Canada delivers another blow to Scientology.
“A Canadian taxpayer who made $24,800 in charitable donations to the International Association of Scientologists has been denied tax credits by the Tax Court of Canada because the IAS is not a registered charity.
Nigel Hall argued that he had been unlawfully discriminated against because other Canadians had access to tax credits if they chose to donate to registered charities. Income Tax Act provisions requiring a “qualified donee,” he maintained, violate the Charter of Rights.
But the court ruled that there was no Charter breach because no one who donated to non-registered charities was entitled to tax credits. The statutory scheme of registered charities also did not offend the Charter because no specific group was barred from applying for registration.”
In numerous countries, Scientology's application for tax status as a recognized religion has been refused. The level of recognition Scientology has been able to obtain varies significantly from country to country. The cult-like organization is considered a commercial enterprise in Switzerland, a secte in France, a cult in Chile, and a non-profit in Norway, and its legal classification is often a point of contention.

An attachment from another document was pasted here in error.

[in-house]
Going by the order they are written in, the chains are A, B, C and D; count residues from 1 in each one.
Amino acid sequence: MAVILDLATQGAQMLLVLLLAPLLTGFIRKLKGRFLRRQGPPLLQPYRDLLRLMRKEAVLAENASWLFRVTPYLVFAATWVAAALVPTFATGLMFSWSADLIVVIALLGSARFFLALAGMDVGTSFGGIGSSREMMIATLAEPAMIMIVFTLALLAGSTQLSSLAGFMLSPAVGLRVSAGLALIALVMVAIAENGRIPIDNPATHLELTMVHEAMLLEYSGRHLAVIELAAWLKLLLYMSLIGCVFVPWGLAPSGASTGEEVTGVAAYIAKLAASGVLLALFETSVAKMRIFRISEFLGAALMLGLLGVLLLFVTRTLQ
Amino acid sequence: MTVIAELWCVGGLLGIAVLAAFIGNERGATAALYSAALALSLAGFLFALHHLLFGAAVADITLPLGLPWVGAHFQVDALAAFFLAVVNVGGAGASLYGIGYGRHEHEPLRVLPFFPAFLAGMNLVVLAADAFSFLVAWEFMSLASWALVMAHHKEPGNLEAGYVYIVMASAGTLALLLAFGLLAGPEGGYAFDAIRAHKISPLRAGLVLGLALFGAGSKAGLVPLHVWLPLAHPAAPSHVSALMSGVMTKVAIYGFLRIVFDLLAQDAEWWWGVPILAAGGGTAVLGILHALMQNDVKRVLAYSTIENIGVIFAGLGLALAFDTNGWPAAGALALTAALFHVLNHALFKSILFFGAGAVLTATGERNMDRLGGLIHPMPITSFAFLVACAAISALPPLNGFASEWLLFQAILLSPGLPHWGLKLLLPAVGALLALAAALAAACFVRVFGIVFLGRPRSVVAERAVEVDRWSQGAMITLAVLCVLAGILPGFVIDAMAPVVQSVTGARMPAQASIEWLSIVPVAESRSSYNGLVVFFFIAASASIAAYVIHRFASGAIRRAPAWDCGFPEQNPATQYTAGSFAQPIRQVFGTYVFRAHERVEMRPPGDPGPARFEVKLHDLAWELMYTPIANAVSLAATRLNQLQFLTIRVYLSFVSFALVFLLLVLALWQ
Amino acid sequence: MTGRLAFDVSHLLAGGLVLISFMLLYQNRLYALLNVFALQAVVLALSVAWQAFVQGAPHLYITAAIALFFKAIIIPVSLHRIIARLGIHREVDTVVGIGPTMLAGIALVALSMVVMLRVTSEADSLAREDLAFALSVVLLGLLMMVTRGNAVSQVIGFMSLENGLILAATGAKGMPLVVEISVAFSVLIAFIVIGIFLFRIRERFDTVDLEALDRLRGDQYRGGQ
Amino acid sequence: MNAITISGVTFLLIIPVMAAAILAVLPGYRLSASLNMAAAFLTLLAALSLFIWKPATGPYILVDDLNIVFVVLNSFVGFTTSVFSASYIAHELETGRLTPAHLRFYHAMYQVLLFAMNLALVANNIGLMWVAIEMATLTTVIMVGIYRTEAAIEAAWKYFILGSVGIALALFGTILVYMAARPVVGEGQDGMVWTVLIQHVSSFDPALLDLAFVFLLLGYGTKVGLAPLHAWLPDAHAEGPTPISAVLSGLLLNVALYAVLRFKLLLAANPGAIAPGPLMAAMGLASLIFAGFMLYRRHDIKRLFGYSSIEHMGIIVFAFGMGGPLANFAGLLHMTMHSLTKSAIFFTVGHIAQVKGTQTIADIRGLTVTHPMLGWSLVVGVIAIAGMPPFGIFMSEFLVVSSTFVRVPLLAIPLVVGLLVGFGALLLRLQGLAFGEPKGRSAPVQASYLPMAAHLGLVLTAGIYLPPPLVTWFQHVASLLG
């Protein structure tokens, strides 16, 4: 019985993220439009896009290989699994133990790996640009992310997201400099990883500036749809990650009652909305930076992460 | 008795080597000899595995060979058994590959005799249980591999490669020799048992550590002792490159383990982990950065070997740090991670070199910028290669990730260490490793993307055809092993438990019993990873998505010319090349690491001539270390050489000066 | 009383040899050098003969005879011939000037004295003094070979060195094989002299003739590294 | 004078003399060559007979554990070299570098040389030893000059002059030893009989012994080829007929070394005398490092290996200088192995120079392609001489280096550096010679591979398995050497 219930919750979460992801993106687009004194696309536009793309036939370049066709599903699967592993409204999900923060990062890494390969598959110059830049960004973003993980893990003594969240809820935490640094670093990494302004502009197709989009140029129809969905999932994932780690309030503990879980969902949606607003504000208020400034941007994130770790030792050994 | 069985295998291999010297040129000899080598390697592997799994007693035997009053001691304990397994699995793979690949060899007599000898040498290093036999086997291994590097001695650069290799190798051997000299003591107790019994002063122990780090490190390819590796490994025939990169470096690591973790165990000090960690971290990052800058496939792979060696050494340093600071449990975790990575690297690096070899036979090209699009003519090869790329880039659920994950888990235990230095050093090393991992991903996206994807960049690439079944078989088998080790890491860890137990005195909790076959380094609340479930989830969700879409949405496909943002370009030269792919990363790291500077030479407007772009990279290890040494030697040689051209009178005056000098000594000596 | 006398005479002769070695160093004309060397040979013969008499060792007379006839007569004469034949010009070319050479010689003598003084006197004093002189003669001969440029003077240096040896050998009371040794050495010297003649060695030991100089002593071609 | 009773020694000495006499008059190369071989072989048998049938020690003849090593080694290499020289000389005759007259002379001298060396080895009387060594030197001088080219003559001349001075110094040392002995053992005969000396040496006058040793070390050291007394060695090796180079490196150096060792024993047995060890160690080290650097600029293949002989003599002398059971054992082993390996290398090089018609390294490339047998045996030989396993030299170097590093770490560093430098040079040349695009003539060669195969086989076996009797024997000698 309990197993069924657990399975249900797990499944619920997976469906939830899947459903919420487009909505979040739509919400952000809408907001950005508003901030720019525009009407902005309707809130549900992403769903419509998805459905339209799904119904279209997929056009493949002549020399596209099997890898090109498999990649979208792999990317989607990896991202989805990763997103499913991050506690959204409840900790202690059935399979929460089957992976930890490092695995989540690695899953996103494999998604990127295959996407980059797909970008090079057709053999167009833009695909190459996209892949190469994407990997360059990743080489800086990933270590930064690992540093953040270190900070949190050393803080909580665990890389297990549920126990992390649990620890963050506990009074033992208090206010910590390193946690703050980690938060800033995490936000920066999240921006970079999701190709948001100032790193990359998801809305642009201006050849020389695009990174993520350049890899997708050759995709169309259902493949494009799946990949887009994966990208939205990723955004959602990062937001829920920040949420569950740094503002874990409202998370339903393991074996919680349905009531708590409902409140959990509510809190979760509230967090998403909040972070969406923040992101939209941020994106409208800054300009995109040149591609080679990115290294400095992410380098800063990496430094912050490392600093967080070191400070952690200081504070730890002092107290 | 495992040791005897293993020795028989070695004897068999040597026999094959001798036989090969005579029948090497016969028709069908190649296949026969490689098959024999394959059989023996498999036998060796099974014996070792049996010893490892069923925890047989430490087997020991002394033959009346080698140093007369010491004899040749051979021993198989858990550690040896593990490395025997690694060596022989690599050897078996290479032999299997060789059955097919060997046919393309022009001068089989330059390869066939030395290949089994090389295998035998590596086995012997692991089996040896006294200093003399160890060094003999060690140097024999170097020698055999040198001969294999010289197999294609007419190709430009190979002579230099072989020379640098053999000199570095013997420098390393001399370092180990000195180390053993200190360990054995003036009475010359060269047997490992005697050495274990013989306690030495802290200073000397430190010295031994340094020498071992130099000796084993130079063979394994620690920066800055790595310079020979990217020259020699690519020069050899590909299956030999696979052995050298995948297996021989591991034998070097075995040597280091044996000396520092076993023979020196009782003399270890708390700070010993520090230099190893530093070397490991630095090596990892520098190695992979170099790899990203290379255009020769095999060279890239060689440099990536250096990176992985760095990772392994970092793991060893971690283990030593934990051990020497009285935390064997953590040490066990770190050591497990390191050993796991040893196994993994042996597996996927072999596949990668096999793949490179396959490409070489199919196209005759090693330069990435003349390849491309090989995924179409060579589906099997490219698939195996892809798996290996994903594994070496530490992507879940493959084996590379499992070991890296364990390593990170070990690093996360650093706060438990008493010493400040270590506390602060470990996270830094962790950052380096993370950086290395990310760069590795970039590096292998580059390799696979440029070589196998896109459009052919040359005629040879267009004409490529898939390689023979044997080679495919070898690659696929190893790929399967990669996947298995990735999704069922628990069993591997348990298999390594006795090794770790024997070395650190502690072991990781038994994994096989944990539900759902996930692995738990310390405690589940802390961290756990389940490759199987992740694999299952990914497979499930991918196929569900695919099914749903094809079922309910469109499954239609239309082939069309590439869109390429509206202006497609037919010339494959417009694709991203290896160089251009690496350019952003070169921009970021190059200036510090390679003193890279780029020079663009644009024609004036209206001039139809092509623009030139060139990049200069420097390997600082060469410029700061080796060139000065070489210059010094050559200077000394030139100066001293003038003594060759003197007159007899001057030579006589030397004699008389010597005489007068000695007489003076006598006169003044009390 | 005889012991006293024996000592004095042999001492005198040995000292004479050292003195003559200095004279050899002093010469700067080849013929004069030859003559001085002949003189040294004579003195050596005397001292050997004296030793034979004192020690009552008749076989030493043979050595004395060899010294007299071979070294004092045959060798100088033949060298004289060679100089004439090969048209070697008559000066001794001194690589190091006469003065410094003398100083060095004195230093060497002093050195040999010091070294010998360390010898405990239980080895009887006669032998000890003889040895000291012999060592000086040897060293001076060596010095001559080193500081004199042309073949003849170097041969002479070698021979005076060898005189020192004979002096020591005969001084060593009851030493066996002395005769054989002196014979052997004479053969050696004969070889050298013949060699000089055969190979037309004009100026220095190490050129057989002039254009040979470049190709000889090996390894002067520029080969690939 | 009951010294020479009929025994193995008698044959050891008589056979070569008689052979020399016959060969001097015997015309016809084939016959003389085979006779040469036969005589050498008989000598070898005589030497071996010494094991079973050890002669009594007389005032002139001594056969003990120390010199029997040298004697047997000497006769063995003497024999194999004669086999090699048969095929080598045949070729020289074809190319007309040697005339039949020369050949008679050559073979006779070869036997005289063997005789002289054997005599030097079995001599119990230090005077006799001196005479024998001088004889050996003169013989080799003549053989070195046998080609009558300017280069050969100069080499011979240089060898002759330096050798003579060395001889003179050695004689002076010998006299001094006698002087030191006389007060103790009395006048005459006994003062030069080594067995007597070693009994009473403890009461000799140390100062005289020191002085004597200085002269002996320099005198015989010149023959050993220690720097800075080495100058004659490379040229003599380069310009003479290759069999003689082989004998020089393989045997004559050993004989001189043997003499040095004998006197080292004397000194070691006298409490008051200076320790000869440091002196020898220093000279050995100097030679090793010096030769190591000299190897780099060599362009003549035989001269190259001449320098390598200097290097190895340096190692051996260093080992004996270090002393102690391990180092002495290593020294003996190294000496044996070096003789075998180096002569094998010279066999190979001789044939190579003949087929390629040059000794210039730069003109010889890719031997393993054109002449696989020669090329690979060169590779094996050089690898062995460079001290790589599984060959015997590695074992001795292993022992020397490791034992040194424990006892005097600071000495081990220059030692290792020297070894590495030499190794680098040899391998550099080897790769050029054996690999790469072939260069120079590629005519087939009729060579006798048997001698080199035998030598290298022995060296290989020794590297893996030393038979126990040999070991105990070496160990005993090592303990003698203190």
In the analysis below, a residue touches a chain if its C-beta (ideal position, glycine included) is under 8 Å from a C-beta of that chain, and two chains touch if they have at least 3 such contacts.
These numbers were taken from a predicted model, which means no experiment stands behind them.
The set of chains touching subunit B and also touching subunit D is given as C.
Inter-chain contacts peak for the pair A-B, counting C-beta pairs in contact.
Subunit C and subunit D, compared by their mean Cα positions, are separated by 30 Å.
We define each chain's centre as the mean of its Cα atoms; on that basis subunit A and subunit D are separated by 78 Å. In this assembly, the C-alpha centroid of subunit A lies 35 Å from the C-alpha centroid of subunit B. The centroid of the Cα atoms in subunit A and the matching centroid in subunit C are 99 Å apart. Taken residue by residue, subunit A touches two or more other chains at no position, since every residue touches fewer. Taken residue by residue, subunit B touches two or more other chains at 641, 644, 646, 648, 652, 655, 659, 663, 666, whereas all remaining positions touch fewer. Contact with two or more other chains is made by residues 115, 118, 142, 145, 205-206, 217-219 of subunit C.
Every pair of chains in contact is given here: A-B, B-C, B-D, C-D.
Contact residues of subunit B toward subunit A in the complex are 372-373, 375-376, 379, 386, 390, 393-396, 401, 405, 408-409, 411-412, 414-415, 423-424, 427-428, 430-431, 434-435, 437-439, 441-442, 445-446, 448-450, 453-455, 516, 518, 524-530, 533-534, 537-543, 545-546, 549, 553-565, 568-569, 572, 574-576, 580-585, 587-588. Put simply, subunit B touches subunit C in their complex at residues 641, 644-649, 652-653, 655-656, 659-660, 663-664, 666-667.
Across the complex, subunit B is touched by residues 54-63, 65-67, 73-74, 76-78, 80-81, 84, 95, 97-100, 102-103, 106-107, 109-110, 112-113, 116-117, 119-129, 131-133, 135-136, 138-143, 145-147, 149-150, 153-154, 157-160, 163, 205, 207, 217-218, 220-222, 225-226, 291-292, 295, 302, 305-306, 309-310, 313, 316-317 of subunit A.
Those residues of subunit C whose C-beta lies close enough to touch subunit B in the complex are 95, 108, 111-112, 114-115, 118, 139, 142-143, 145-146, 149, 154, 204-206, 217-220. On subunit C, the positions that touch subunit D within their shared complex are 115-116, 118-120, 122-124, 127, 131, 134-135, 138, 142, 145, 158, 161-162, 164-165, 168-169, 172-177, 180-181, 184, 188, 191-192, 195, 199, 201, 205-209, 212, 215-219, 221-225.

“Scientology is one of the most controversial new religious movements to have arisen in the 20th century. The church is often characterized as a cult and it has faced harsh scrutiny for many of its practices which, critics contend, include brainwashing and routinely defrauding its members, and harassing its critics and perceived enemies with psychological abuse, character assassination and costly litigation.”
As Scientology struggles in Canada to stay afloat, this ‘Tax Court of Canada’ decision is indeed, a game changer. Empty Scientology buildings across Canada in Montreal, Toronto, and Vancouver, are crumbling and sit near empty.
David Edgar Love